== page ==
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A Goodreads user asked:

Do you think that the first... say what 8 reviews on this book are negative because they themselves (the reviewers) are emotional and are not in any shape or form psychopaths so they in turn find it hard to relate??? Or am I asking the wronge person here?

Blake Stevenson It could be true. You could argue on a lot of things judging the book. It's a good book. I'm no psychopath and I don't necessarily need to relate to understand the perspective. People will find this book self-indulgent and it's probably more by the way people seem to view psychopaths.

It depends on how much you understand psychopathy and it's condition. Like "He thinks he's never harmed anyone although he admits doing things that hurt other people." This is a misconception. Psychopaths aren't wired to feel empathy towards other people. People will call this fluke and inhuman, but it's true. And he also admitted he has narcissistic characteristics which kind of gives you the idea of the whole "self-indulgent" thing.

I personally liked this book. It gives you a clearer view of pro-social psychopaths who live among us, and aren't necessarily the serial killers and marauders everyone considers them. If you still want more in this I'd suggest you read some of Kevin Dutton's books.

And people still don't believe that such people exist. It's funny with the amount of denial and ignorance people pull through. I couldn't care less although I am no primary psychopath. I do exhibit some characteristics and I believe I lie somewhere on the spectrum. Regardless, reviewers will keep talking. Maybe they are right. Who cares? Read yourself and find out.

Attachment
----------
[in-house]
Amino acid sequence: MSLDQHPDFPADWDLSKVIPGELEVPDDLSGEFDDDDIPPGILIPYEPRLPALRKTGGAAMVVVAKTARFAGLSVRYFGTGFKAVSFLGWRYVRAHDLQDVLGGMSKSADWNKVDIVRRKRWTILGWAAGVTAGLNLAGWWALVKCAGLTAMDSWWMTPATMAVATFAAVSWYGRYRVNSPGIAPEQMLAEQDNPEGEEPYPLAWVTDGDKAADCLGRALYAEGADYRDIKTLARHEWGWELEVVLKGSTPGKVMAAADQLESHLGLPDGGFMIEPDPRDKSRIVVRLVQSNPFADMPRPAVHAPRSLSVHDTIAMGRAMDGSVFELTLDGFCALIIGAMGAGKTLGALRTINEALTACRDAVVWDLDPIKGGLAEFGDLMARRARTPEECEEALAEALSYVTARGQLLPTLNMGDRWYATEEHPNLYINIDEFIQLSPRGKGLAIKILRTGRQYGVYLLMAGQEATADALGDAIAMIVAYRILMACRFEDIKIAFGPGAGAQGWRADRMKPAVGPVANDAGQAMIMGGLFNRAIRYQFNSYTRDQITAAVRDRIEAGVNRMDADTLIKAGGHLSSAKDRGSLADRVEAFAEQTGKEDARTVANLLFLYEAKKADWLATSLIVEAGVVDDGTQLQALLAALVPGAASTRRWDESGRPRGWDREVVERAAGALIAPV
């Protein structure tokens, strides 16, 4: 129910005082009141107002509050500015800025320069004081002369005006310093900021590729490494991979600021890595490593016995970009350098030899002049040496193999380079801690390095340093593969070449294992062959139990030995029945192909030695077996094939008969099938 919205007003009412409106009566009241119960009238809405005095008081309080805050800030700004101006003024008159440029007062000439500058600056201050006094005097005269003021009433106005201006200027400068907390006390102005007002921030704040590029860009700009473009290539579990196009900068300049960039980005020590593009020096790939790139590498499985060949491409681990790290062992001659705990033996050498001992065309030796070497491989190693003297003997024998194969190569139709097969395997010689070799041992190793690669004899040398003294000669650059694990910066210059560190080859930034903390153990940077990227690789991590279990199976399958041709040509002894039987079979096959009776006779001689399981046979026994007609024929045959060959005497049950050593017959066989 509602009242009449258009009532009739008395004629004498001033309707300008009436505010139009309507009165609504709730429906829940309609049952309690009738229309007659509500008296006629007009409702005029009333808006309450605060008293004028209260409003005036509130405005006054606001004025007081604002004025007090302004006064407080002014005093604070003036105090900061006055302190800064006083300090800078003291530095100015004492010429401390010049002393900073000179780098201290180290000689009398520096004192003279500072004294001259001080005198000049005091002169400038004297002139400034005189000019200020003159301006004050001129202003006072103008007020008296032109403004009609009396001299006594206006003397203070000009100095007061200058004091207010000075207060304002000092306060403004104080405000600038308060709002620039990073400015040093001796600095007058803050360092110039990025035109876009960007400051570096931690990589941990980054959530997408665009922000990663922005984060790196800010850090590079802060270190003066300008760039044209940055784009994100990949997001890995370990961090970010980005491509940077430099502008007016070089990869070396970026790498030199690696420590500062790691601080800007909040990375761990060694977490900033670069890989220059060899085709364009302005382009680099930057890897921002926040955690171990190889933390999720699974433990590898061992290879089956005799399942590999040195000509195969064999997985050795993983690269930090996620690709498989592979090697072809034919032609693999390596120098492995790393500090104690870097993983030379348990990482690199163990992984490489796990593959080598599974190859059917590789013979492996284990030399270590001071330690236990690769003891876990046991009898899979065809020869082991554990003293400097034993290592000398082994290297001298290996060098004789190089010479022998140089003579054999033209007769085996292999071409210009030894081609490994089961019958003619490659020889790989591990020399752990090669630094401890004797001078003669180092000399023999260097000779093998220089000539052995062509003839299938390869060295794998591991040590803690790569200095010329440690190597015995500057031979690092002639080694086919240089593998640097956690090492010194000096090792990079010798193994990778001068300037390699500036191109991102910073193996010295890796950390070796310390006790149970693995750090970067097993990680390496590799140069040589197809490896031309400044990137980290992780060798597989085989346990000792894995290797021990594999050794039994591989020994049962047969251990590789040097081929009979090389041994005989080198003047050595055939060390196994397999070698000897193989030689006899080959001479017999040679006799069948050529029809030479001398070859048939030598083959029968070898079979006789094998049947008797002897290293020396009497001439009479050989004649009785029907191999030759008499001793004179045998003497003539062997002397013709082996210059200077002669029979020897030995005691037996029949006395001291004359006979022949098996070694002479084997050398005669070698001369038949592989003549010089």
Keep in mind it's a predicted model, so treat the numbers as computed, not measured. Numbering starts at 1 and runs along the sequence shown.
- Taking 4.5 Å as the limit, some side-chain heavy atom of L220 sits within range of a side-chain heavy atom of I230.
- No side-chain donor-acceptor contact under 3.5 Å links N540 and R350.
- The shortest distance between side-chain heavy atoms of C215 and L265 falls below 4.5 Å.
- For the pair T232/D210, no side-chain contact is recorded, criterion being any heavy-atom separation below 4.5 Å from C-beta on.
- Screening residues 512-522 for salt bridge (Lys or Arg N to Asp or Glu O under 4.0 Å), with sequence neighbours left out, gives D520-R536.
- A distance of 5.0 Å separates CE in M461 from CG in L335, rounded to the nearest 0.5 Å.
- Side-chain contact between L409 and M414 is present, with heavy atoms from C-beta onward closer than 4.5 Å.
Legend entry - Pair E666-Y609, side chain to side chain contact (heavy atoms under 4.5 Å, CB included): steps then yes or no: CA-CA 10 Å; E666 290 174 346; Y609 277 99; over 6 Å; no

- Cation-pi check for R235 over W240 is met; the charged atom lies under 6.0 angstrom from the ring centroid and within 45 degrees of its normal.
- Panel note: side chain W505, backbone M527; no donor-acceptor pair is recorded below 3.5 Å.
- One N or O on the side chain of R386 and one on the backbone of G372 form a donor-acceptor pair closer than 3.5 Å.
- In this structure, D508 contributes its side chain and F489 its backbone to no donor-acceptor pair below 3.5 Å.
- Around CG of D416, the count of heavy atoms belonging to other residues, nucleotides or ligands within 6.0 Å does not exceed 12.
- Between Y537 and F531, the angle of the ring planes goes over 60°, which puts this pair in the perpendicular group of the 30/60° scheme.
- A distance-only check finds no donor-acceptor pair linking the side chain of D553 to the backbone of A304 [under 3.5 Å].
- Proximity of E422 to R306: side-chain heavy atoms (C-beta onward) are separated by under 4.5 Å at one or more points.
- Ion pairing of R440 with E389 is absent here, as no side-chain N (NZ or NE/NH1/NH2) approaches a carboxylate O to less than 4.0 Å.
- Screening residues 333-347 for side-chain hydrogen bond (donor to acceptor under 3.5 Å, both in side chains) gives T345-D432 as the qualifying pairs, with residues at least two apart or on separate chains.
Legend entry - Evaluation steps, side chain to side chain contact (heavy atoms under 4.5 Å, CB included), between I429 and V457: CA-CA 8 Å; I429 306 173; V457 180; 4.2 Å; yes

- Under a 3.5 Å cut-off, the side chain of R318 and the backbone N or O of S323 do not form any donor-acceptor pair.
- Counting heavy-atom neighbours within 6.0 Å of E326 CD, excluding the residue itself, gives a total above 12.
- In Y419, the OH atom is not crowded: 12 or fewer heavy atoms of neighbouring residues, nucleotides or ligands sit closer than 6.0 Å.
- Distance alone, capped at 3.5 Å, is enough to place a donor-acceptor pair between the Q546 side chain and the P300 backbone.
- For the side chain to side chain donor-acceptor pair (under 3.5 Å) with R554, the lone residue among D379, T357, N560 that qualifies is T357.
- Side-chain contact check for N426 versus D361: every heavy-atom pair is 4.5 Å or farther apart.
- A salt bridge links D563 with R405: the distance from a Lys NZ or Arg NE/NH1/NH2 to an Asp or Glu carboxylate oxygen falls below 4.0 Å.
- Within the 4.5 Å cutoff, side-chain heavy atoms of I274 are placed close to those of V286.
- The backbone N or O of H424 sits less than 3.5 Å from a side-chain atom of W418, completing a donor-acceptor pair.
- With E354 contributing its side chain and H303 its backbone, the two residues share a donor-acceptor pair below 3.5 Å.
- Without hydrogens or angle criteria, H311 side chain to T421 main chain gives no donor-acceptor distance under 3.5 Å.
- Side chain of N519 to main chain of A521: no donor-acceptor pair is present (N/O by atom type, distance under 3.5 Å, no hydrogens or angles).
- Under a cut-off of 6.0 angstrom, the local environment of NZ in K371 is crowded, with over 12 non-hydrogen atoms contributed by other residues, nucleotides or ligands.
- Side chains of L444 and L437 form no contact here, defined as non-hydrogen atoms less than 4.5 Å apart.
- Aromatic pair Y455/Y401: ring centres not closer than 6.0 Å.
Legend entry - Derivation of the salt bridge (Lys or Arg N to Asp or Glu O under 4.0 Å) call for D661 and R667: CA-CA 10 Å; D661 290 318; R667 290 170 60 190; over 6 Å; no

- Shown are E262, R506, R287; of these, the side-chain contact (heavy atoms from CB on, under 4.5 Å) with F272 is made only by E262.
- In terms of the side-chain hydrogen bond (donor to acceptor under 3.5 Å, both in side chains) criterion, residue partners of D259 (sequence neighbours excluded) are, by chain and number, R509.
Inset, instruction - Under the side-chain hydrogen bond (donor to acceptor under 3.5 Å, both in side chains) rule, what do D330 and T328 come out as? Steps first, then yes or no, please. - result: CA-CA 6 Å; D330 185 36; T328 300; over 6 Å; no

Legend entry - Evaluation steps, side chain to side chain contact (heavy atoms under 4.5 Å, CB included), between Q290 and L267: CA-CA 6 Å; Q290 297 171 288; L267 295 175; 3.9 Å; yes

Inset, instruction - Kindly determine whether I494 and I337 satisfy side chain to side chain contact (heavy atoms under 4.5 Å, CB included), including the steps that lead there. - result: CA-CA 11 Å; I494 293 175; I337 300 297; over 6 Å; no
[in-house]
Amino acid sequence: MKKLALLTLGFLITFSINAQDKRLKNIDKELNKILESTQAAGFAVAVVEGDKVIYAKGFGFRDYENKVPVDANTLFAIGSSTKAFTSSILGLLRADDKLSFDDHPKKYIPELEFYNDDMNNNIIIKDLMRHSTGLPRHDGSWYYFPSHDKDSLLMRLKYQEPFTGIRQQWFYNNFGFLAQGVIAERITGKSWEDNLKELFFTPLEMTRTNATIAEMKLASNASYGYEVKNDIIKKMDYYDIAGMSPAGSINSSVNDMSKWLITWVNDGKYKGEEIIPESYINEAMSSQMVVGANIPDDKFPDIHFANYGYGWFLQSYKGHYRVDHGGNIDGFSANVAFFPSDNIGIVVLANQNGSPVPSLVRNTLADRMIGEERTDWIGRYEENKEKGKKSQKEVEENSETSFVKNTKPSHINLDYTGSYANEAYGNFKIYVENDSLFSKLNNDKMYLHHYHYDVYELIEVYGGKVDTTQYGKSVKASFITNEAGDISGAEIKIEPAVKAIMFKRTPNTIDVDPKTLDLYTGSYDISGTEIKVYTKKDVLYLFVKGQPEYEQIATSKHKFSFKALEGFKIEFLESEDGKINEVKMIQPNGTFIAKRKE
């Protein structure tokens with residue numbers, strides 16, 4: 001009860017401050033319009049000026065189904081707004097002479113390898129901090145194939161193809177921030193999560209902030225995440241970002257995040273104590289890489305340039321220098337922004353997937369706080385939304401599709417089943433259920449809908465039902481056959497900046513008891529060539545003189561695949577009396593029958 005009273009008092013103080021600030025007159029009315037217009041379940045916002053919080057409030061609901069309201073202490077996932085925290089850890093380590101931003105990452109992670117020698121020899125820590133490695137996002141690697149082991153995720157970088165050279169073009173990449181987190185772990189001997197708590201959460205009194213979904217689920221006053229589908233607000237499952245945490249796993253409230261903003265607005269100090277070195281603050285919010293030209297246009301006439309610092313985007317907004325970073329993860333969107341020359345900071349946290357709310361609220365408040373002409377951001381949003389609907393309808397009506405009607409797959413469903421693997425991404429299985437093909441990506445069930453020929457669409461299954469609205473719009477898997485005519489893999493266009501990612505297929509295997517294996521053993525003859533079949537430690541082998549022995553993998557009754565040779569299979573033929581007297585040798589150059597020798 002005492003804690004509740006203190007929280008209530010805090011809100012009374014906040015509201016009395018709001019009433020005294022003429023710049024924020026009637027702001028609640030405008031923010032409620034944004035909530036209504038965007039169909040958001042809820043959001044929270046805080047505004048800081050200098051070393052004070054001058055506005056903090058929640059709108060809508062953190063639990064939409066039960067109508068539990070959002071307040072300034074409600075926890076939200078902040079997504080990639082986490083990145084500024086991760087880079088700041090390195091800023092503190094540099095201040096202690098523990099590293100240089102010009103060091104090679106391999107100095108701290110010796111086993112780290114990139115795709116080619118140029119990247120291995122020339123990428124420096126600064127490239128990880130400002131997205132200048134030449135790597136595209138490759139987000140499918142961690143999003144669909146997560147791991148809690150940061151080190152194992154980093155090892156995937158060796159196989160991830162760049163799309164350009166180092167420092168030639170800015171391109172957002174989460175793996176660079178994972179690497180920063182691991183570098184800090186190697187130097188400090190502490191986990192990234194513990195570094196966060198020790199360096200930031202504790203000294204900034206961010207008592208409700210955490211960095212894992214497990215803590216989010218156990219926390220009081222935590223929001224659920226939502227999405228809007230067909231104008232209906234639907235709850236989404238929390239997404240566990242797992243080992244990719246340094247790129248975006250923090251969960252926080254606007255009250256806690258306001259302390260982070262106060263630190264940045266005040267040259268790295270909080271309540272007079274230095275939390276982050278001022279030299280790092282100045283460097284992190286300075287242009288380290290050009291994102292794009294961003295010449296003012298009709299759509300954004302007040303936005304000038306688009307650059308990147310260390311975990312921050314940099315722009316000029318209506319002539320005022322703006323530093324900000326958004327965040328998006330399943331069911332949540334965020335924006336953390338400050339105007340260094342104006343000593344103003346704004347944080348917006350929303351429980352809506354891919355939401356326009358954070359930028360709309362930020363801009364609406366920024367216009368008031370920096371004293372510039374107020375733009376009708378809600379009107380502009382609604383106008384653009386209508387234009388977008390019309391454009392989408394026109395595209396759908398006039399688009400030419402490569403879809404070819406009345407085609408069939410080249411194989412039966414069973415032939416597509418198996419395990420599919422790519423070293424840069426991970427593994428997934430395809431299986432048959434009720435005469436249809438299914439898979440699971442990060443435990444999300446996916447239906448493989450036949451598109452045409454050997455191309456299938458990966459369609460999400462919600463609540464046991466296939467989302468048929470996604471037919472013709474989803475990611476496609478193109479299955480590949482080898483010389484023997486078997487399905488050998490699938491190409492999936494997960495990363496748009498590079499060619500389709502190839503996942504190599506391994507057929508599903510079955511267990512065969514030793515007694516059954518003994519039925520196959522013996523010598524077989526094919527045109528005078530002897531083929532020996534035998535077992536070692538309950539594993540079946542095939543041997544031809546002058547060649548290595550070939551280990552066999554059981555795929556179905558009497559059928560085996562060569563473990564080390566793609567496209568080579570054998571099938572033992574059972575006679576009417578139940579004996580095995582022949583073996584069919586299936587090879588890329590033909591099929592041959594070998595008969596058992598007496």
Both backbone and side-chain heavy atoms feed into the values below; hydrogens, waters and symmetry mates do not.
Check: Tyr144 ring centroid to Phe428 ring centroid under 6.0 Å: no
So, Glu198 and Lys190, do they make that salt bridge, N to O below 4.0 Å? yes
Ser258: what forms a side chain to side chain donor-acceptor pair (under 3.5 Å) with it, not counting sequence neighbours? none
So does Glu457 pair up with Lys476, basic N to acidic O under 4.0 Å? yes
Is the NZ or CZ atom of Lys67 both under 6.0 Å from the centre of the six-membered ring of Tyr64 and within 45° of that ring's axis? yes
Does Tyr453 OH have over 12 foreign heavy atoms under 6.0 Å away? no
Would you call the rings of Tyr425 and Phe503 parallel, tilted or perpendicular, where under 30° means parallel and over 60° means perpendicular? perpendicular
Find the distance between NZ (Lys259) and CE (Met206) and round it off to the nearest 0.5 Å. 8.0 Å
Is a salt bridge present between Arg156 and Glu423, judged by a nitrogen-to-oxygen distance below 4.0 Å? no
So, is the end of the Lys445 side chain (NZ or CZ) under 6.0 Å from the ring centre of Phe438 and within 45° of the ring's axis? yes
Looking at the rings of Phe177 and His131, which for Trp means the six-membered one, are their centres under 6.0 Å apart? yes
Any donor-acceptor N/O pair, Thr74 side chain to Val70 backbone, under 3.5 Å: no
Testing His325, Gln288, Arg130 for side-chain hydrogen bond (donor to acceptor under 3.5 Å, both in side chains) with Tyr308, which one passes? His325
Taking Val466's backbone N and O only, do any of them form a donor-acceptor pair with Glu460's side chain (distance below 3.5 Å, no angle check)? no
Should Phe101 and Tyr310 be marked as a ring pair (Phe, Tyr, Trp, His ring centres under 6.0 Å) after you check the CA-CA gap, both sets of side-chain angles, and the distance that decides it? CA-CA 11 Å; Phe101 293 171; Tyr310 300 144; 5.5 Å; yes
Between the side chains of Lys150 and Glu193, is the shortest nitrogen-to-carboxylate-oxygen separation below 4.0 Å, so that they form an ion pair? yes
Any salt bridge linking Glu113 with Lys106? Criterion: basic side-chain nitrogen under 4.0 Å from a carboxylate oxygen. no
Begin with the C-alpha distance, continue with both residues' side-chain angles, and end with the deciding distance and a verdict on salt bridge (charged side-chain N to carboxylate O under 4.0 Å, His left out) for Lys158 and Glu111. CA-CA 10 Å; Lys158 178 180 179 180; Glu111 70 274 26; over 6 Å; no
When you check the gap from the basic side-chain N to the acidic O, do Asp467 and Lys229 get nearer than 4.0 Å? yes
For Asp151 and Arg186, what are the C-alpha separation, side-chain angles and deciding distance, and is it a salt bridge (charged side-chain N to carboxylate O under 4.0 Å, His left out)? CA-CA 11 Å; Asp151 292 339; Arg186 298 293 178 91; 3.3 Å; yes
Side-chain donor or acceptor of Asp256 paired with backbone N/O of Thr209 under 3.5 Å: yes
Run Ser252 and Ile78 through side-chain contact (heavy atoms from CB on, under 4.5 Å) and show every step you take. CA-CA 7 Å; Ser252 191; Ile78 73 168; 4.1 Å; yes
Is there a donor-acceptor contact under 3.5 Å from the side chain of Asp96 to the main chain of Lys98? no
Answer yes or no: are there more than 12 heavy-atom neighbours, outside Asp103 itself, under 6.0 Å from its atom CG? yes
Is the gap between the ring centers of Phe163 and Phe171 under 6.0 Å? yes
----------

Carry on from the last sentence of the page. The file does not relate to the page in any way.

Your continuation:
Worthwhile to read? Yes. :)
Ambre The way he talks about himself has to be seen to be believed. He talks up his every accomplishment as though he's the only person in the world who ever accomplished them, and then blows off things like stealing cars and setting fire to furniture as adolescent hijinks.

He doesn't write anything for us to relate to. It's a fairly dry analysis of himself done by his greatest fan, himself. He doesn't, for example, ever describe how his behavior affected his wife other than to say she got mad at him. Not that she was hurt, she was angry. Things like that.

He, makes it clear that he has enjoyed life and describes people who like him, but doesn't really talk about people who have been harmed by his behavior because he thinks he's never harmed anyone (even though he admits to stealing cars, breaking into homes, emotional adultery, revenge, etc).
Mia I don't think so. I think the reviews are negative because it is a poorly written and self-indulgent book.
Shaun Mia is spot on with the answer below. Some self-indulgence is to be expected, but he was laying it on real thick toward the end and I nearly punted all-together.
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